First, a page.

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Agriculture secretary warns shoppers on food price gouging tied to drought

 

Agriculture Secretary Tom Vilsack is warning Americans to be on the lookout for food price gouging, as the historic drought creates an opening for stores to overcharge unsuspecting customers. 

Echoing the views of other agriculture industry analysts, Vilsack said Wednesday that as the drought batters America's crop supply, prices at the checkout line could eventually rise as a result. But that won't happen yet, he said, suggesting that any shopkeepers who dramatically raise prices now are just trying to scam customers. 

"The important thing right now is for consumers to be aware," Vilsack said. 

Vilsack urged shoppers to scrutinize any "dramatic increase" in food prices they see. "If someone says, 'it's the drought,' they should push back," Vilsack said. 

Vilsack said customers should not see food price increases at grocery stores until later this year, or early next year. The secretary said ranchers' herds are also suffering from the drought, and that the price of beef, poultry and beef could likewise rise later this year, or early next year. 

The Obama administration meanwhile called on Congress to provide assistance to farmers suffering from the worst drought in 25 years. Vilsack said three-fifths of the U.S. land mass and much of the country's corn and soybean crops are affected by the lack of rain.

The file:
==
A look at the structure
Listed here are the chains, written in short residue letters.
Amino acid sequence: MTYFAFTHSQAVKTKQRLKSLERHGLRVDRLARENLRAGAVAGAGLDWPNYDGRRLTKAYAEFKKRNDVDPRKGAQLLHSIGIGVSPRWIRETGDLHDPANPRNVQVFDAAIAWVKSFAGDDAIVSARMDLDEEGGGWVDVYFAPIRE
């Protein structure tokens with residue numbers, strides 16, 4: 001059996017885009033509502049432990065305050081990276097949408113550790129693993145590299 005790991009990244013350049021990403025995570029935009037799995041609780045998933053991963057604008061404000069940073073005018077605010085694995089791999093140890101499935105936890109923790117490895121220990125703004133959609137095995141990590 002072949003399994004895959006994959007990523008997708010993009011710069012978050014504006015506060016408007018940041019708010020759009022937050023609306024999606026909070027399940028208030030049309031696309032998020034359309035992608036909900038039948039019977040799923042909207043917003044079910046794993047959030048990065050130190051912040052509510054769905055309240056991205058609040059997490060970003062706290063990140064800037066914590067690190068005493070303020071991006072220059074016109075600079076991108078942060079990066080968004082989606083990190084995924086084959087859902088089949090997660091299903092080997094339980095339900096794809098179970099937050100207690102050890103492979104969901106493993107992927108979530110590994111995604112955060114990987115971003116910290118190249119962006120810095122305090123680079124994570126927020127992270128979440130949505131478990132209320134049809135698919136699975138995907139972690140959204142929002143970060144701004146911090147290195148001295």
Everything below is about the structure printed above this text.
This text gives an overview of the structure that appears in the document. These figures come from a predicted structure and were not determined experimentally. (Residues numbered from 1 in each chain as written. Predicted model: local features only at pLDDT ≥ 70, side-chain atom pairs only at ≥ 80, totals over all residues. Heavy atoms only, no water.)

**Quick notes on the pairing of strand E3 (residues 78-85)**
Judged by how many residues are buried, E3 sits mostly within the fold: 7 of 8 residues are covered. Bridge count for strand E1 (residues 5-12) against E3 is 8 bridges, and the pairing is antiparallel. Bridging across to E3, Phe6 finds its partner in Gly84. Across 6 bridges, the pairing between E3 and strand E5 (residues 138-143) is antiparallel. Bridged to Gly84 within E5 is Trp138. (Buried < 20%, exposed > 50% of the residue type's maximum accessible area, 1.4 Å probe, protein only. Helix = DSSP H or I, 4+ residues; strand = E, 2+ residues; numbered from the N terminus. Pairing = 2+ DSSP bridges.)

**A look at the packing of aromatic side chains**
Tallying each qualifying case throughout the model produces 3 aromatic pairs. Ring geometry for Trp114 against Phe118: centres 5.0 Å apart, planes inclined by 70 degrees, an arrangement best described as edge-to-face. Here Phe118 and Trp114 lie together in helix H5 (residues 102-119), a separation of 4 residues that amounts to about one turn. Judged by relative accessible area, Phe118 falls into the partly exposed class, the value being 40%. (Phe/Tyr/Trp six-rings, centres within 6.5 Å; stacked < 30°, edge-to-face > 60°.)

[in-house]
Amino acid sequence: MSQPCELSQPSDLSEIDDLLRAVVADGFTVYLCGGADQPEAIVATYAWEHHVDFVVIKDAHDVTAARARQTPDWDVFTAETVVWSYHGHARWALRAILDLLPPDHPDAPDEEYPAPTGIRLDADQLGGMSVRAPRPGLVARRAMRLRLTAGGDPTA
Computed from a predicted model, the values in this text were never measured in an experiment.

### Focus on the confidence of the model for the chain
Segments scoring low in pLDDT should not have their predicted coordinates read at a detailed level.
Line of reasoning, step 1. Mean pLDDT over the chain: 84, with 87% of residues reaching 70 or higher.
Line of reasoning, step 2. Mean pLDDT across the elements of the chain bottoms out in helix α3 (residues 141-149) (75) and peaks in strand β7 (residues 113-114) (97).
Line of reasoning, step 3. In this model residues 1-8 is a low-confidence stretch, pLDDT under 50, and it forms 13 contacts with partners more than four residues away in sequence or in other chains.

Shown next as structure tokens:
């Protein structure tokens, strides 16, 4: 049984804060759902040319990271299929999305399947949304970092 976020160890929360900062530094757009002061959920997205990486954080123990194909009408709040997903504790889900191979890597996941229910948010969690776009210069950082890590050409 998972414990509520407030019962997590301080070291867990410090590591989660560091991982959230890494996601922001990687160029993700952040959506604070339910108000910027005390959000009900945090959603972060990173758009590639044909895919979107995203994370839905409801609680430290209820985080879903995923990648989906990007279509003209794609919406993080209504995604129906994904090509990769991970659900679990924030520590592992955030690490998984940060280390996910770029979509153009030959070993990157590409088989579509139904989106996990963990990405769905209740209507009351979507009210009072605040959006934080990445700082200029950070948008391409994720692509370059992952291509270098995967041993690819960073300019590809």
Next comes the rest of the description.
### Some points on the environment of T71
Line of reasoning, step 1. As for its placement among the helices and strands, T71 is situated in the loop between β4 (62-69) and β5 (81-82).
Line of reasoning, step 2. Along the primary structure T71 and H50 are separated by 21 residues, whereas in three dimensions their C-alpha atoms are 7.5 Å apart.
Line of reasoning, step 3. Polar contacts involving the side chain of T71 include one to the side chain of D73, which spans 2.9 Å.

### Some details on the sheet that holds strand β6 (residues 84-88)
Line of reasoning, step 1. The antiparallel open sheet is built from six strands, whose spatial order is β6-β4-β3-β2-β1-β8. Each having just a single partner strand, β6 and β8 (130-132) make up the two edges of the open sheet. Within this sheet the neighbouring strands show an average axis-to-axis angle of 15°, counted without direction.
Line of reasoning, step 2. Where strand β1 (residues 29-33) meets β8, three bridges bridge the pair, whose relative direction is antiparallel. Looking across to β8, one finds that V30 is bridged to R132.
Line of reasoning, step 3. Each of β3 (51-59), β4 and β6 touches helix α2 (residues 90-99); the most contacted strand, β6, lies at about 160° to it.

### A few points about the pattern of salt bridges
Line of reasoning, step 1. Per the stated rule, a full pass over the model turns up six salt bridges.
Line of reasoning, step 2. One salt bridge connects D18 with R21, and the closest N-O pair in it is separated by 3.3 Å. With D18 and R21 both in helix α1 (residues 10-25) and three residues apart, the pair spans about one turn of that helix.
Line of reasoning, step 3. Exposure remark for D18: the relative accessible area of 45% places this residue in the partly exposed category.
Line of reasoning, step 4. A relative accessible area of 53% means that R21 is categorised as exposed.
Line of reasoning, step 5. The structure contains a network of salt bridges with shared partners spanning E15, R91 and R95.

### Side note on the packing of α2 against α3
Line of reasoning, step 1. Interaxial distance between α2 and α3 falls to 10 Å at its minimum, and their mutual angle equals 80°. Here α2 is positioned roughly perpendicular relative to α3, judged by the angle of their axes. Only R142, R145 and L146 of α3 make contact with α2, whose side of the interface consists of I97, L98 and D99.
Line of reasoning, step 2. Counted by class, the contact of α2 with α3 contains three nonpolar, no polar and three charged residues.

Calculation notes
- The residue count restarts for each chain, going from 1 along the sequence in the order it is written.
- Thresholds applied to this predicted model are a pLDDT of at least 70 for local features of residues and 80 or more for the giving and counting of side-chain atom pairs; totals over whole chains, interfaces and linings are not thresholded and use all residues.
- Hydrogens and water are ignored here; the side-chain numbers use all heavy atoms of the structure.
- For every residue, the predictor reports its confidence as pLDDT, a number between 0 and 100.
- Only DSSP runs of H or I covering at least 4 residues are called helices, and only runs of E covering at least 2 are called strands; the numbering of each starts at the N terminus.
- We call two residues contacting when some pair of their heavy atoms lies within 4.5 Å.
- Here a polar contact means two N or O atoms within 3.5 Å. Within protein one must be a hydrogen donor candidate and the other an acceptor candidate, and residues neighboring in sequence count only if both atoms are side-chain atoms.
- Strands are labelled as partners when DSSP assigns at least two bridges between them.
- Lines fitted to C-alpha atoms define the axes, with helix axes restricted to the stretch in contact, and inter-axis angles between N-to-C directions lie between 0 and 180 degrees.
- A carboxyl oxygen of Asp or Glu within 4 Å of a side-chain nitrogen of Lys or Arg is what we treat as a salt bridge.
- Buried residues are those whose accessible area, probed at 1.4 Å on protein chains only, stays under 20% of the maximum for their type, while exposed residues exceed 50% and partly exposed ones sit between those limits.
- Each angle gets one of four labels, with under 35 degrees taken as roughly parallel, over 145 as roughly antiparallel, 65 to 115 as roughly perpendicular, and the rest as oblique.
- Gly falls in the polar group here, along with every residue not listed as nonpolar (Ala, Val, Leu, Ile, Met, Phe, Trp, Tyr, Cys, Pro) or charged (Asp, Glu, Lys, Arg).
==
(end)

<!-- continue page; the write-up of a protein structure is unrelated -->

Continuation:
Vilsack spoke at the White House press briefing Wednesday after meeting with President Obama to discuss a response. Vilsack said farmers could get assistance if Congress passes a new farm bill, approves additional disaster programs or provides more flexibility in the availability of credit. 

He said the president has also given the go-ahead for lower interest rates on loans to affected farmers, and for new areas to be opened up for emergency grazing -- in response to the high cost of livestock feed. 

In its monthly drought report, the National Climatic Data Center in Asheville, N.C., announced that 55 percent of the country was in a moderate to extreme drought at the end of June. The parched conditions expanded last month in the West, the Great Plains and the Midwest, fueled by the 14th warmest and 10th driest June on record, the report said. 

Topsoil has turned dry, while "crops, pastures and rangeland have deteriorated at a rate rarely seen in the last 18 years," the report said. 

The Associated Press contributed to this report.

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